Getting Started

hdoc is streamlined to make it easy to use with sensible default options and configurability where you need it. The following instructions show how to get hdoc and use it on your codebase.

Getting hdoc

Once you've made an account, (optionally) subscribed, and created a project, you can download hdoc releases from the Releases page of the hdoc console. Make sure you save the API key given to you when you created the project! You'll need it later.

hdoc ships as a completely static Linux x86_64 binary, and you should always download the most recent release of hdoc. It has no runtime dependencies and runs on all recent Linux systems. Before running hdoc, you must make the binary you downloaded executable using the following command:

chmod +x path/to/hdoc

Now you're ready to set up your project with hdoc.

Creating a configuration file

hdoc needs a configuration file to do its job. By convention, the hdoc configuration file is named .hdoc.toml and lives in the root of your project directory (that's where your .git folder is located).

Here's the bare minimum .hdoc.toml file that you need:

[project]
name = "my-project"
version = "1.0.0"

# Optional, adding this will enable direct links from the documentation
# to your source code.
git_repo_url = "https://github.com/MYUSERNAME/MYPROJECT/blob/main/"

[paths]
compile_commands = "build/compile_commands.json"

The information in the example above should be adjusted to match those of your project.

More information about configuration options can be found in the Configuration File Reference.

Generating a compilation database

hdoc needs a special file named compile_commands.json to work. This file contains information that hdoc needs to analyze your code.

The compile_commands.json file is typically generated by your build system when you first set your project up on your computer. Most major build systems are able to create a compile_commands.json with an extra flag. Alternatively, you can use other tools to analyze your project and create a compile_commands.json file:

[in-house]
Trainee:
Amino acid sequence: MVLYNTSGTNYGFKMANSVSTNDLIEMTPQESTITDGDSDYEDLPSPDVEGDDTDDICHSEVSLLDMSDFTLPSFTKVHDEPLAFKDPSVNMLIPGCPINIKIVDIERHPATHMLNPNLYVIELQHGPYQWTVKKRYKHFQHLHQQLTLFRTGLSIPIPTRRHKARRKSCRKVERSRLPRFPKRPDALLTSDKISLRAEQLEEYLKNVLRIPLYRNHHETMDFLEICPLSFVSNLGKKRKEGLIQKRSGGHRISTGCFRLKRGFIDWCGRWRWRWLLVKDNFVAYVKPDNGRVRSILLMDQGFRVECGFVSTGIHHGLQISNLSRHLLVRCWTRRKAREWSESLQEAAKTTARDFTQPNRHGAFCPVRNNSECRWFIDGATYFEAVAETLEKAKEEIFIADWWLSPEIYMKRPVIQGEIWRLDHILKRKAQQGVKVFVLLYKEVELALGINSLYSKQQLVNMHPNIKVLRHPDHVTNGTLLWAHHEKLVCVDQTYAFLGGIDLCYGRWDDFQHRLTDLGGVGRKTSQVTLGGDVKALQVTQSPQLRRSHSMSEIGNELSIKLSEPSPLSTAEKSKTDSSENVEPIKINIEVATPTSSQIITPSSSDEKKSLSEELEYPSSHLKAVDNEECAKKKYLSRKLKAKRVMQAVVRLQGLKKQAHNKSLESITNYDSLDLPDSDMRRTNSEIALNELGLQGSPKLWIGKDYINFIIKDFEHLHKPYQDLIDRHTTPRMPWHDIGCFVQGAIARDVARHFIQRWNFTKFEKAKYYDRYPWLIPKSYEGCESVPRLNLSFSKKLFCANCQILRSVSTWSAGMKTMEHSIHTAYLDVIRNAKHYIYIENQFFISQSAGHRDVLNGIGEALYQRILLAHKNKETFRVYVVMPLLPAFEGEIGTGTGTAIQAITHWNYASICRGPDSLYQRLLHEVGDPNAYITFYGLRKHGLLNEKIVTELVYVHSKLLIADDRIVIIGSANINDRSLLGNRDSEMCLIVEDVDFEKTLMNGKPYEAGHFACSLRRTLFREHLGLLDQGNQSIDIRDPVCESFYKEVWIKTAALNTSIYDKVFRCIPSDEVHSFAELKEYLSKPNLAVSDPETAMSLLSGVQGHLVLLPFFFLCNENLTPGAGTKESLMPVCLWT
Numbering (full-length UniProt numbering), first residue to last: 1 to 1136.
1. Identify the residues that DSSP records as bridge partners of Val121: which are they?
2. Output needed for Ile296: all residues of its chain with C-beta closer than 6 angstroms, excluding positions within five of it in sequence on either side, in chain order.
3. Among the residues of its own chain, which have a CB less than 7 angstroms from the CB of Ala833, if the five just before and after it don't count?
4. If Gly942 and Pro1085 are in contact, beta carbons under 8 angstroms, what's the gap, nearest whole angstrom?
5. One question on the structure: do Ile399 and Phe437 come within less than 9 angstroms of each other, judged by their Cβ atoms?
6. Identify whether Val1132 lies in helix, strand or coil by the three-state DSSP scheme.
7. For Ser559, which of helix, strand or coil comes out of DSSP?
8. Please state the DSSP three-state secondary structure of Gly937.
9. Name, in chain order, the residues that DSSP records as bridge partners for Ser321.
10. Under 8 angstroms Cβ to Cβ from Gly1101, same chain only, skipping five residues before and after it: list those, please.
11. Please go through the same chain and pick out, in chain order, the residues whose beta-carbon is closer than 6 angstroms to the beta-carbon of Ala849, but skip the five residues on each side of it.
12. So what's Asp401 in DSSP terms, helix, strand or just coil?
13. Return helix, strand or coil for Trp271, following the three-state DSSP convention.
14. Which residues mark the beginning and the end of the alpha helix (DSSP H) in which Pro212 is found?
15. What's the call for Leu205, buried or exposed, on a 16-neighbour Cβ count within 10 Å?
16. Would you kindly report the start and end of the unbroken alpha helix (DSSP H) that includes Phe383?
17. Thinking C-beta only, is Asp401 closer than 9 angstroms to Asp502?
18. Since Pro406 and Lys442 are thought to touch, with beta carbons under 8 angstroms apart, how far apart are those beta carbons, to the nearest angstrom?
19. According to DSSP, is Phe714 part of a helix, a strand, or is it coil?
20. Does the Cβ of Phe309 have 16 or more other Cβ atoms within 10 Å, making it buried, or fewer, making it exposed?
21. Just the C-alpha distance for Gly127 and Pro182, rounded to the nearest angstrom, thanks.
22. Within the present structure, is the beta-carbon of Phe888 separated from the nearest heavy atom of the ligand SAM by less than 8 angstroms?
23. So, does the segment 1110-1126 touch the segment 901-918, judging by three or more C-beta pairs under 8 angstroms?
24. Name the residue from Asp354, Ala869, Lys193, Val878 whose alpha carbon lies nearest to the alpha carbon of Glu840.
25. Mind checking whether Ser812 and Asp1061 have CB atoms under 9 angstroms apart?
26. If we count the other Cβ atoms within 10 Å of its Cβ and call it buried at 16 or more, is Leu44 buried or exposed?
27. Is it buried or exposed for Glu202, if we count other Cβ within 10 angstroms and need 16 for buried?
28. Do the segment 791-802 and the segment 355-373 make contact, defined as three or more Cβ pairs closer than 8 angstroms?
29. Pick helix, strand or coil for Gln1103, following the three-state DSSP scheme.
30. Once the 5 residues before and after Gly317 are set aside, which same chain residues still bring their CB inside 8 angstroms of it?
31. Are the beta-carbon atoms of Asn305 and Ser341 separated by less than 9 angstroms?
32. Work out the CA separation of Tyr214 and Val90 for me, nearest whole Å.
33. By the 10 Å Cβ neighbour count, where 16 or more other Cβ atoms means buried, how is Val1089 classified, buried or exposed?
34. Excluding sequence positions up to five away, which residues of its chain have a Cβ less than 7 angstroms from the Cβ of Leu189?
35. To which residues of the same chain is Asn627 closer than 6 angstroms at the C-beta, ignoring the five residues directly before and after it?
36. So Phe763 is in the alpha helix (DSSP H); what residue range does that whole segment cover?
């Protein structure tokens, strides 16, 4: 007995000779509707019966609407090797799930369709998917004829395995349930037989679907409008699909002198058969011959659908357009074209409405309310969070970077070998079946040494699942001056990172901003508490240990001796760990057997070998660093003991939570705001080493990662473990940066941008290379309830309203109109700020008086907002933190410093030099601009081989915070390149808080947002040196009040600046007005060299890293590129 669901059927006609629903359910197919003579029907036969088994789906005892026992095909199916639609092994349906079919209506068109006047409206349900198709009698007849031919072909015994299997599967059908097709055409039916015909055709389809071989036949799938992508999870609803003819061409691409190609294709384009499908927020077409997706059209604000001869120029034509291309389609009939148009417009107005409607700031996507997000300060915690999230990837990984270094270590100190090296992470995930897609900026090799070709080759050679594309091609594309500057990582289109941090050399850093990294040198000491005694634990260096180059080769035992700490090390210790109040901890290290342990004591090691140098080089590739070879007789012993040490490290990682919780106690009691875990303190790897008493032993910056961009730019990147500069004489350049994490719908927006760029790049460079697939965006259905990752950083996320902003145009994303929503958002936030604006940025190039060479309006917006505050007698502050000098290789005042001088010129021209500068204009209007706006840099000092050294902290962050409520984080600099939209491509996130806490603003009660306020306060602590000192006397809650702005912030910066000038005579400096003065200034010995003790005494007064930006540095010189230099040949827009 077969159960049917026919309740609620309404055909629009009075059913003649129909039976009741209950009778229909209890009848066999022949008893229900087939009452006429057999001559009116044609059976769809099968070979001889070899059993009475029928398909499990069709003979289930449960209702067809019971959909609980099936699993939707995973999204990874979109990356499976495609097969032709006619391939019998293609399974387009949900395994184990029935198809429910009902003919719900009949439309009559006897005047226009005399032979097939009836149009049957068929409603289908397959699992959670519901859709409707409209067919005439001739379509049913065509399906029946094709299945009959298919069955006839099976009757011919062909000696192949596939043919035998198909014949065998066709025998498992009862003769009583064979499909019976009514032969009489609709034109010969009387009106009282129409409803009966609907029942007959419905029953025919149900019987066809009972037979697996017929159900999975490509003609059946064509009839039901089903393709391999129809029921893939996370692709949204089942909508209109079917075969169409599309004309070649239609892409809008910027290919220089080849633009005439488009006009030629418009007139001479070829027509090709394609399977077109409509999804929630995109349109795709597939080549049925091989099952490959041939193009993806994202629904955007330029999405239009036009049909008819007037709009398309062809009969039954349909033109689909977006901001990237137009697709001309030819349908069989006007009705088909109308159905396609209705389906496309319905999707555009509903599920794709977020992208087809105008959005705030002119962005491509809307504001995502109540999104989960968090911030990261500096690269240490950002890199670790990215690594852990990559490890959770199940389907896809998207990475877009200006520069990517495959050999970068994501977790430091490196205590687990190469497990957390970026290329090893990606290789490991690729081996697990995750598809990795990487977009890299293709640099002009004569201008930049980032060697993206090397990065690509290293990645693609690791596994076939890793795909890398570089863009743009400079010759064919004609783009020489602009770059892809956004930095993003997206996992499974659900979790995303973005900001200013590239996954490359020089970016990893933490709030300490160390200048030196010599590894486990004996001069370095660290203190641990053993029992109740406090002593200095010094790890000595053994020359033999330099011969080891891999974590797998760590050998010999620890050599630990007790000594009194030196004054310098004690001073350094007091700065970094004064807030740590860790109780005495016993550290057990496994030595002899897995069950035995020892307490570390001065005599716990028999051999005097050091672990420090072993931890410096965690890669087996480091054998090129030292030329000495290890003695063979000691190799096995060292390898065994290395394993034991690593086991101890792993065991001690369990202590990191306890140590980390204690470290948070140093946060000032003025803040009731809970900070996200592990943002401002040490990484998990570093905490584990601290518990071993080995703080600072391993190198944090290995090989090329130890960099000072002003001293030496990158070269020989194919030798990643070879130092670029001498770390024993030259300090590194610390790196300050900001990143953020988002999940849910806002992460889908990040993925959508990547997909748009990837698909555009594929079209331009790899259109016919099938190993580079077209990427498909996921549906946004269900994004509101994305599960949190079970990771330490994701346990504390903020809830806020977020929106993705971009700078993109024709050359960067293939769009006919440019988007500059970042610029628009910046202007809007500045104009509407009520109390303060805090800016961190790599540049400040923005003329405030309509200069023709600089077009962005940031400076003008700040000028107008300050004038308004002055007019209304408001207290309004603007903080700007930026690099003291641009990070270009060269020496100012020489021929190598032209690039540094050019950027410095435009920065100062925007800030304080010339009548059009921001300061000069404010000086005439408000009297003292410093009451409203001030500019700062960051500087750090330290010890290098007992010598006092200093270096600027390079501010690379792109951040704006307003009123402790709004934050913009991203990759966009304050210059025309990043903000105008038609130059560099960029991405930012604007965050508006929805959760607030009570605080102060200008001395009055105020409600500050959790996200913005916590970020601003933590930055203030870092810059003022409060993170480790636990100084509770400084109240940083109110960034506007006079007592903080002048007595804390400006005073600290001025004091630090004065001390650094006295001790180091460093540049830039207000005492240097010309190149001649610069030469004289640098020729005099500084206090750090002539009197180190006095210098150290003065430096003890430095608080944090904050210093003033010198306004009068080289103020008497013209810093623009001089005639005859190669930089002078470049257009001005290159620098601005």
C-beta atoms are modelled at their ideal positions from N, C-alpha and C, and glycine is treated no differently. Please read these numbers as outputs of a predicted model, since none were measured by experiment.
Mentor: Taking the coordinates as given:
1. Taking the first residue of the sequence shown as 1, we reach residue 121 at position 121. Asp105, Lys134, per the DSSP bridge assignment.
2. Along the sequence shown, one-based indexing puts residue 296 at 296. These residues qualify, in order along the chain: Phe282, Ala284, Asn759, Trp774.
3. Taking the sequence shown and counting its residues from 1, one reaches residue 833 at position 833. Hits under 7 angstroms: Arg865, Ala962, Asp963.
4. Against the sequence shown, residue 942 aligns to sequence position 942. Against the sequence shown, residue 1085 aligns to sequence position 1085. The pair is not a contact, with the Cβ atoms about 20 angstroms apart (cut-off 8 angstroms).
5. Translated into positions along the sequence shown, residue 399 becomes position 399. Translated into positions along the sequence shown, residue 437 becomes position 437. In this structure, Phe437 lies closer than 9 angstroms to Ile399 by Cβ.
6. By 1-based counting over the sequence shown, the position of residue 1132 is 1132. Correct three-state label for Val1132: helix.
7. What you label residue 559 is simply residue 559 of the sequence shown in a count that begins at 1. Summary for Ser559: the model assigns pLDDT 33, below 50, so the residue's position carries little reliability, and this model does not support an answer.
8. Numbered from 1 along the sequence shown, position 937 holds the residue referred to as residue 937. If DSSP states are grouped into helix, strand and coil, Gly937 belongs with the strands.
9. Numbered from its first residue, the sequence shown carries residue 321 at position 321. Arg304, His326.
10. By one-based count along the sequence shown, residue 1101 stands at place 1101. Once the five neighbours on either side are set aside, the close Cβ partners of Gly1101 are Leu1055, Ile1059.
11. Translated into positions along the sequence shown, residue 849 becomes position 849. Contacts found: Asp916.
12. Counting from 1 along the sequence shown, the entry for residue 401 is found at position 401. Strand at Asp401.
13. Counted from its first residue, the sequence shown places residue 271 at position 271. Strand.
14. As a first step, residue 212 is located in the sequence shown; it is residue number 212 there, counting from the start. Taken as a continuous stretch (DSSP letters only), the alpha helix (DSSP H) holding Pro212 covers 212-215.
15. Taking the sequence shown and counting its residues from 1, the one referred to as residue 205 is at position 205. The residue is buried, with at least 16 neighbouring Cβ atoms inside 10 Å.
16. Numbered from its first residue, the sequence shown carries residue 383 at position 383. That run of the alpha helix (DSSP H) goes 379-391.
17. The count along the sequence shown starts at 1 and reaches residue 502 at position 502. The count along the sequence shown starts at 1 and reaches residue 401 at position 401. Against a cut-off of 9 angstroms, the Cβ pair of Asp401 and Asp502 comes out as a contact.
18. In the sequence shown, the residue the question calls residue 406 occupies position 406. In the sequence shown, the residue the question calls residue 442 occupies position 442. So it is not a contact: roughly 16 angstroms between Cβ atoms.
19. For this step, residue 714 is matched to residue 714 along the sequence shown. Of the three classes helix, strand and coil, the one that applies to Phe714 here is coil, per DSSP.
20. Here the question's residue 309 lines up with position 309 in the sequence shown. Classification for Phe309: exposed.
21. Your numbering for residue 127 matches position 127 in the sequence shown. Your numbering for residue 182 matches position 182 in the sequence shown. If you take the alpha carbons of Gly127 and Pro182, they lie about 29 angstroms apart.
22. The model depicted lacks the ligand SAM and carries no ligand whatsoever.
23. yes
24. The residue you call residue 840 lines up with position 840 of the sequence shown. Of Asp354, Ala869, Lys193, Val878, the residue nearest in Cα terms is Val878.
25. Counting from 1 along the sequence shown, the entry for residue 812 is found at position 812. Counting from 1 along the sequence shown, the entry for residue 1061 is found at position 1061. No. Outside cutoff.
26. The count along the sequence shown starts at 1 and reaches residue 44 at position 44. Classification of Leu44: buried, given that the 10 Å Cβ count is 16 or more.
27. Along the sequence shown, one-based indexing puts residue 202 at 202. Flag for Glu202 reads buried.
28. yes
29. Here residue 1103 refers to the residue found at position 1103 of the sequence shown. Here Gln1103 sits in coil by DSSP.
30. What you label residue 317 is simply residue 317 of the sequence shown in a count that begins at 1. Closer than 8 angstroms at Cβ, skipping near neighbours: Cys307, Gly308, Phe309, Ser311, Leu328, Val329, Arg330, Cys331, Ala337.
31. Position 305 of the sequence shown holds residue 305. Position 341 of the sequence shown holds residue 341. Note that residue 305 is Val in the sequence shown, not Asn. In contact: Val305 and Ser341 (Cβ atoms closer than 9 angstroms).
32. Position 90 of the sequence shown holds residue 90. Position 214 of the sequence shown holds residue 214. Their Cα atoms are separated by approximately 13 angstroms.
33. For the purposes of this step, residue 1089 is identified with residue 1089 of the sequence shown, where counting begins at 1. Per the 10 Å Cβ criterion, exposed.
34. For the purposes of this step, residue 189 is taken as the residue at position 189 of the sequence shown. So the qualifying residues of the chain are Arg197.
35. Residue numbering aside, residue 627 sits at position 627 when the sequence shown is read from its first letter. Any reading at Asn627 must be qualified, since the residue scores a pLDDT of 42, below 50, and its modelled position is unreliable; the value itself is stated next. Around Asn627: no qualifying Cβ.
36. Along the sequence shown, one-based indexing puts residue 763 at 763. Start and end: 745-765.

Once this file has been created you are ready to run hdoc.

Running hdoc

You need an API key to run hdoc. An API key was given to you when you first created your project in the console. The HDOC_PROJECT_API_KEY environment variable must contain this API key when you run hdoc. If you forgot your API key, you can revoke it in the console and generate a new one.

Now that you have hdoc installed and your project has an hdoc configuration file, it's time to run hdoc. This part is easy, all you have to do is open up a terminal and enter the root directory of your project where the .hdoc.toml file is located. Once there, run hdoc as follows:

export HDOC_PROJECT_API_KEY=the.api.key.from.the.hdoc.console
hdoc --verbose

The --verbose flag will instruct hdoc to print extra information. It can be omitted for future runs.

Viewing the results

Once hdoc has finished analyzing your project, it will securely upload your documentation for hosting at docs.hdoc.io. The address at which your documentation is hosted can be found under Projects in the hdoc console. The address will also be printed in the terminal at program completion if the --verbose flag was passed to hdoc.

For large projects, documentation may take several minutes to become available at the address while it's being processed.

Extensions

Now that you have the basics down, you can use hdoc's features to customize and enhance your documentation.